Saturday, February 28, 2009

Tucson 2009 Wrap Up

















by Richard W. Wise, G.G.

©2009 (all rights reserved)


Rubies From Winza, Tanzania:


As promised, here is an image of the 4.10 carat cushion shaped ruby from the new strike at Winza, Tanzania. Ruby from this source contains iron, though not as much as gems from the now exhausted Thai deposits. Stones from this source will not fluoresce strongly in ultraviolet light and thus will not exhibit the supercharged fluorescence of the very best from Burma. Again, due to iron, the red may show a slightly orangy secondary hue.

That said, natural unenhanced rubies over three carats are almost unobtainable. These new Winza beauties will stand toe to toe with most Burmese at a much more reasonable price.

An Extraordinary Strand of Natural Pearls:

I spotted a magnificent strand of natural pearls from a dealer at AGTA. What makes this two strand exceptional is its symmetry. When considering natural pearls it is necessary to bracket all that you have come to expect from their cultured counterparts. The word round, for example, takes on a whole new meaning when applied to naturals. We have gotten used to the "perfection" of the ubiquitous Akoya pearls from Japan, perfectly round, with matching color. Few realize that all this is a result of processing; the pearls are left in the shell just long enough to deposit a thin coat of nacre, so thin that GIA had to redefine it's definition of "thick" coating from 0.50 to 0.25mm. The pearls are then bleached white to remove spots, then further bleached for uniformity of color, then dyed pink.

The World Of Fantasy:

In the world of natural pearls, perfect symmetry, combined with matching color, resides in the realm of fantasy. The strand pictured right is natural, the pearls graduate from 4.31-9.50mm, each is perfectly round and well matched in color and luster. Compare these two with the Baroda Pearls (pictured left). Readers will recall that the Baroda strand sold at a world record price. A cursory look reveals that these magnificent gems are not really round---yet they achieved a record of $7.1 million at auction.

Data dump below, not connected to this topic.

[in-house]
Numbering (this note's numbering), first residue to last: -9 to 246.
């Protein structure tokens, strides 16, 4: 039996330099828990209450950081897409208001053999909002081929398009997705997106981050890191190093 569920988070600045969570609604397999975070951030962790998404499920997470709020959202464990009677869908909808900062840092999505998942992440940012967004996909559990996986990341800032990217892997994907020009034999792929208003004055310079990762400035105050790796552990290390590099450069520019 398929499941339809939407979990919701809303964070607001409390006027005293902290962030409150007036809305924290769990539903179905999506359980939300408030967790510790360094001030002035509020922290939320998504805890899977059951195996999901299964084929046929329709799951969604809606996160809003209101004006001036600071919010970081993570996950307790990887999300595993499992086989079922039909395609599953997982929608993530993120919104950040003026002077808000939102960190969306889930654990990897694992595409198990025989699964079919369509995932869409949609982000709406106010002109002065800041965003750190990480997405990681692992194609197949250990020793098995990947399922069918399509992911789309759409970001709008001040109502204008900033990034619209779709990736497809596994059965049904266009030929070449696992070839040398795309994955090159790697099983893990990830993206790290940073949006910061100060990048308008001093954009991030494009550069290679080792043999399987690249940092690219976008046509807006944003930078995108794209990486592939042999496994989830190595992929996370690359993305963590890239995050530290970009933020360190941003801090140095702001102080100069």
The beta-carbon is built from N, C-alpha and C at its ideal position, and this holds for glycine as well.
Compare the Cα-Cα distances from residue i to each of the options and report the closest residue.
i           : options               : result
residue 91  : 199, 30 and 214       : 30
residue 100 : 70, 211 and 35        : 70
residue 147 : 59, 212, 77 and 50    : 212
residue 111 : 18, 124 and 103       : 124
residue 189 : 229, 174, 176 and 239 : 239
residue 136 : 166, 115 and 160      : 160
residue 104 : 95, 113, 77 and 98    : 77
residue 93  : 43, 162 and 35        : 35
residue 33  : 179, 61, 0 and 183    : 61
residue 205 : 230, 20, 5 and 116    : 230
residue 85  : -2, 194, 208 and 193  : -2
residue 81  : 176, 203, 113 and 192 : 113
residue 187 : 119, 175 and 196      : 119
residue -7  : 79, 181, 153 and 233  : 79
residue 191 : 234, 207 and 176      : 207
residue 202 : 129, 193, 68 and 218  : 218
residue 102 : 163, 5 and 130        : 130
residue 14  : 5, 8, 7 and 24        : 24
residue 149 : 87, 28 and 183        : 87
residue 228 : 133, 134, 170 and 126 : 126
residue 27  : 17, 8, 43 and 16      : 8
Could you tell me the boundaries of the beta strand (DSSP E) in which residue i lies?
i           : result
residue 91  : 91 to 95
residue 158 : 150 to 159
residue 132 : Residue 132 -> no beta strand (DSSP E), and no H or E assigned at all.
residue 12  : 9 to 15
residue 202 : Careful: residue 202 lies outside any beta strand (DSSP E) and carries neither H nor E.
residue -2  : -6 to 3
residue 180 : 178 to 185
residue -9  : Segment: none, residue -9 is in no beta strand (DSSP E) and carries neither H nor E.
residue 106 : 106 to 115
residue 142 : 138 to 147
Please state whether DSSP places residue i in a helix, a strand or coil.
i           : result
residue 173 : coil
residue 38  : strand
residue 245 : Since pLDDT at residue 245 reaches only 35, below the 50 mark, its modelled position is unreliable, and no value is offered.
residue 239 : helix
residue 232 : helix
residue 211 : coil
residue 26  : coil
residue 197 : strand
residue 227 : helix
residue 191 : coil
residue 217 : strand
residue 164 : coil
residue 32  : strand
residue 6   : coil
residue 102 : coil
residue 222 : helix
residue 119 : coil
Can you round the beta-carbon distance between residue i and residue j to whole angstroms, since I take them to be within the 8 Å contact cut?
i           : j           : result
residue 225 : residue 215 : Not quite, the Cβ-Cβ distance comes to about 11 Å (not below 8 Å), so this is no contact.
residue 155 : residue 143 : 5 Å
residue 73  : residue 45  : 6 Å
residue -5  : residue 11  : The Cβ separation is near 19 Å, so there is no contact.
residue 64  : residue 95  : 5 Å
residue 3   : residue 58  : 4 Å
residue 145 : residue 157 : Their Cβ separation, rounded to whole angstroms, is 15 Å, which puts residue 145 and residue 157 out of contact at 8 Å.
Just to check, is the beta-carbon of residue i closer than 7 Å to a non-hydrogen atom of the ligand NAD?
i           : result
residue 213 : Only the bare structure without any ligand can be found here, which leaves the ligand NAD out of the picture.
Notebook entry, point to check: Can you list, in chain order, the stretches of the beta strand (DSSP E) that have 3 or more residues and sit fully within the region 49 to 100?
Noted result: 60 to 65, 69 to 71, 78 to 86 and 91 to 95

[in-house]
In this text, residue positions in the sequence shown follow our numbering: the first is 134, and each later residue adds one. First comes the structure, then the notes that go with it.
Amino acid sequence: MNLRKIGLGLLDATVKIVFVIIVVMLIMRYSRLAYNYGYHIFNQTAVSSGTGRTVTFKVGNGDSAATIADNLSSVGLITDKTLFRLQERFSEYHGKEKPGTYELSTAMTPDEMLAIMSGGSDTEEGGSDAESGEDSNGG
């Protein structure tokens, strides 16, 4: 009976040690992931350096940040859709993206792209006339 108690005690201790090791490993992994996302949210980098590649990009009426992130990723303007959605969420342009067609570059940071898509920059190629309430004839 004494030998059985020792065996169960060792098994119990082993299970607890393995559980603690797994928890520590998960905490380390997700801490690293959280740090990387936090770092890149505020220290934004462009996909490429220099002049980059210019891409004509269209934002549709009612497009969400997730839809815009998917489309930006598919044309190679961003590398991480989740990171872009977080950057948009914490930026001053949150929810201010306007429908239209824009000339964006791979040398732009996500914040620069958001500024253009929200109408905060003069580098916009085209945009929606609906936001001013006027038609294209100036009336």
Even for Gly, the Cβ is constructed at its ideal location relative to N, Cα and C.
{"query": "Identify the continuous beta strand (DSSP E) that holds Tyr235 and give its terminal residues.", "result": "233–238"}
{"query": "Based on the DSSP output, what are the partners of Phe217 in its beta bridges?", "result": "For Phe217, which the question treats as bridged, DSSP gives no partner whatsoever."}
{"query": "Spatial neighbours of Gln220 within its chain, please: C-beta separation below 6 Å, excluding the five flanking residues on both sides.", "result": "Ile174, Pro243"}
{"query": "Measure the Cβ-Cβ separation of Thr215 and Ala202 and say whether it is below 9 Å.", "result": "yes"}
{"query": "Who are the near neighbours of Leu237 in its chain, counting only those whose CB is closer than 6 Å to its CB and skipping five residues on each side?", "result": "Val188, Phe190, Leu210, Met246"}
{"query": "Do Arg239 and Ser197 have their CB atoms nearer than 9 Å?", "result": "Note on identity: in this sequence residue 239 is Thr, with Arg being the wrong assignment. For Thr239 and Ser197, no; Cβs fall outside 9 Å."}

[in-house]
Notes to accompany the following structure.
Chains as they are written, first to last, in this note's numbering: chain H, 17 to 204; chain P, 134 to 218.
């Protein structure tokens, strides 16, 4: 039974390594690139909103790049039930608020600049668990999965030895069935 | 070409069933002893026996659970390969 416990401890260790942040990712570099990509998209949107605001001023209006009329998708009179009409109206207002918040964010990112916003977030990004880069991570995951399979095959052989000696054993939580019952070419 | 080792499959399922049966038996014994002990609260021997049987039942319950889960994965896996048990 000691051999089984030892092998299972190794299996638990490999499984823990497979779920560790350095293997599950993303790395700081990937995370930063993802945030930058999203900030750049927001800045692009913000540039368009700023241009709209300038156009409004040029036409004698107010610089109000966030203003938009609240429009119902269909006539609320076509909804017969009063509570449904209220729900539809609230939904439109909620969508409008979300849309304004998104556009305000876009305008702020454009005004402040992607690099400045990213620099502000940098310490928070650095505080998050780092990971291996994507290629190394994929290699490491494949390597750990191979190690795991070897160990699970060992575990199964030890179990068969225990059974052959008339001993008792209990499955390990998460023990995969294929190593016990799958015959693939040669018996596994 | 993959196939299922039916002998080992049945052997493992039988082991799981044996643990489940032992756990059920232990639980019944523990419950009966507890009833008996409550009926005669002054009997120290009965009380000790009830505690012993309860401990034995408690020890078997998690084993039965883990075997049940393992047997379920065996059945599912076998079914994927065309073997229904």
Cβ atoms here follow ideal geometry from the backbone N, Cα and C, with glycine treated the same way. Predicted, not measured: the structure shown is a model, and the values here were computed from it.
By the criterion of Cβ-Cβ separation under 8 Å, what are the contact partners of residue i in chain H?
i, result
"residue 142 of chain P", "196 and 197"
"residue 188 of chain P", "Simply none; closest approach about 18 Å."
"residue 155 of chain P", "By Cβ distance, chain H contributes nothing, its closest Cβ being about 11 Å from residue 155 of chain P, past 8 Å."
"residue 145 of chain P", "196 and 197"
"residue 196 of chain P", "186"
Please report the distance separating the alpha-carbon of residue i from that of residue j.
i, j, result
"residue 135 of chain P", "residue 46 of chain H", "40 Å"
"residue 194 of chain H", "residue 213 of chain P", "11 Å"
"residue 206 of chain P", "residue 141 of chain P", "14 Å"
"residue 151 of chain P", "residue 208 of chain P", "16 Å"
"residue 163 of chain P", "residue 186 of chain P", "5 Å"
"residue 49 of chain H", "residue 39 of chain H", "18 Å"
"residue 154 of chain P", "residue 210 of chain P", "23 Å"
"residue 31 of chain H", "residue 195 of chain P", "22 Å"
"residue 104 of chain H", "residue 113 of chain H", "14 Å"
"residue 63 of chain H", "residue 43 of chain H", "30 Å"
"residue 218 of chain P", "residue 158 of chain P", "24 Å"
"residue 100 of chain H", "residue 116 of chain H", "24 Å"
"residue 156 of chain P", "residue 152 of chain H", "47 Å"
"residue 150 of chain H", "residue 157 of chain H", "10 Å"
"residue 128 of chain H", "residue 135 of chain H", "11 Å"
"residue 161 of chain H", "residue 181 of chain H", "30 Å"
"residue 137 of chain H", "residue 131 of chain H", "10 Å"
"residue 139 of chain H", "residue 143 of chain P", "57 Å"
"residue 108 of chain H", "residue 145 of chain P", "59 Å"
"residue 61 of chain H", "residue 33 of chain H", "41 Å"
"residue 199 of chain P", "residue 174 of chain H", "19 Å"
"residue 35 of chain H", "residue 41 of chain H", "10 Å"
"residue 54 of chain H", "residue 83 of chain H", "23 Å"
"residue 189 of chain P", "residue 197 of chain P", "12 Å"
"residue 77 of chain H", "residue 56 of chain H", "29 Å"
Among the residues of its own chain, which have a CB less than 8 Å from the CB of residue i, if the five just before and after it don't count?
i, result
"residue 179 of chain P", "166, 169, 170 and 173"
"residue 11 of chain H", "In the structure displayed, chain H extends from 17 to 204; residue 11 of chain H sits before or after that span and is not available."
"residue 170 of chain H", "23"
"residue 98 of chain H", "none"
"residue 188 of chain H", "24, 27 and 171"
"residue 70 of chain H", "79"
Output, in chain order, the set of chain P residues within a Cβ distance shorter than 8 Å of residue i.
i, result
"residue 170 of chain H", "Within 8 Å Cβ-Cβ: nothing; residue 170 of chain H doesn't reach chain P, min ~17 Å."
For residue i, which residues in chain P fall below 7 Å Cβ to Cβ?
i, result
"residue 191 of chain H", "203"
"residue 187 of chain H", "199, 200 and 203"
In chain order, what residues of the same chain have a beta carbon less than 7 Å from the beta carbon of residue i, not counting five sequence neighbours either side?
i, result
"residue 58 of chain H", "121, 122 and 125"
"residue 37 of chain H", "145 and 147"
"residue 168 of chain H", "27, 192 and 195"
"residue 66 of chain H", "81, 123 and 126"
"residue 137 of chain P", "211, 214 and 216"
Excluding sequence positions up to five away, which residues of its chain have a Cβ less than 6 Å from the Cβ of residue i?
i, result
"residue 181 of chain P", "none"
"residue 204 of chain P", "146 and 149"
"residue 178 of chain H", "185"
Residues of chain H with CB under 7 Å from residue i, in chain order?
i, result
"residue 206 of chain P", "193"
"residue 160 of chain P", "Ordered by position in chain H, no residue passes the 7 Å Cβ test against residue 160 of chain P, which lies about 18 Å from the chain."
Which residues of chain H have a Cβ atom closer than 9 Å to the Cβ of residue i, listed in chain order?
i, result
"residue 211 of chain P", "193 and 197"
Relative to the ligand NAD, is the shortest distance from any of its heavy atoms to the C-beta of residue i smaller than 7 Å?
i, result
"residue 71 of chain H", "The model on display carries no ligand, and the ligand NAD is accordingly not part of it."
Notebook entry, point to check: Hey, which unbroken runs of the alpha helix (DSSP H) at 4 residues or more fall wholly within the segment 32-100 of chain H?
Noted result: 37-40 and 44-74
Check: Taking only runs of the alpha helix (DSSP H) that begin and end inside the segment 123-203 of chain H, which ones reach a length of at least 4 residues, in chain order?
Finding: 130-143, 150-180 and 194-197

Secrets Of The Gem Trade Goes To Third Printing:

Brunswick House Press has just announced that the paperback edition of my Secrets Of The Gem Trade, The Connoisseur's Guide To Precious Gemstones is being reprinted. Originally published in hardcover in 2003, now with 32,000 copies sold, Secrets has become a best seller. "Secrets has succeeded beyond our wildest expectations." said Dick Sage, President of Brunswick House.

We have a few copies available at R. W. Wise, but the publisher will not be able to fill wholesale orders until the new edition arrives in about 90 days.

Notable Quotes:


“Since radiation is the cause of pink color in tourmaline, the presence of these features should not be attributed to any type of intentional diffusion, but rather to the influx of radioactive fluids in their post-growth environment.”

John I. Koivula, Chief Gemologist, GIA


"THERE ARE NO PROVEN EXPERTS ON THIS SUBJECT OUTSIDE OF ROBERT (James) EXCEPT TED THEMELIS WHO HAS ALREADY CONFIRMED ROBERT’S FINDINGS. SHOW ME ONE PERSON OF ANY STANDING WHO HAS DONE THE AMOUNT OF RESEARCH THAT ROBERT HAS USING ADVANCED ANALYTIC TECHNOLOGIES AND I’LL LISTEN. GIA’S PRESS RELEASE WAS BASED ON OLD-FASHIONED INFERENTIAL METHODS DERIVED SOLELY OR MOSTLY FROM MICROSCOPE OBSERVATION OF ONE STONE. ROBERT HAS TESTED THOUSANDS OF STONES. DUH!. SO IF THE PUNCH-DRUNK FIGHTER TO WHOM YOU REFER IS ROBERT, COME TO THE ARIZONA HOTEL ON FRIDAY,"I KNOW WHERE TO PUT MY MONEY. IT IS A HORSE RACE. AND THE ODDS ARE RUNNING STRONG AGAINST YOU (Richard Wise) AND THE GEMOLOGICAL ESTABLISHMENT. THAT’S WHY I HAVE REPORTED THAT THIS IS AN EPOCHAL GEMOLOGICAL CRISIS. CROSS-SPECIES DIFFUSION WILL PROVE OUR INDUSTRY’S EQUIVALENT OF THE SUBPRIME MORTGAGE CRISIS." (emphasis Federman, parenthesis mine)

David Federman, Editor-in-Chief, Colored Stone

by email 1/30/09


Colleagues,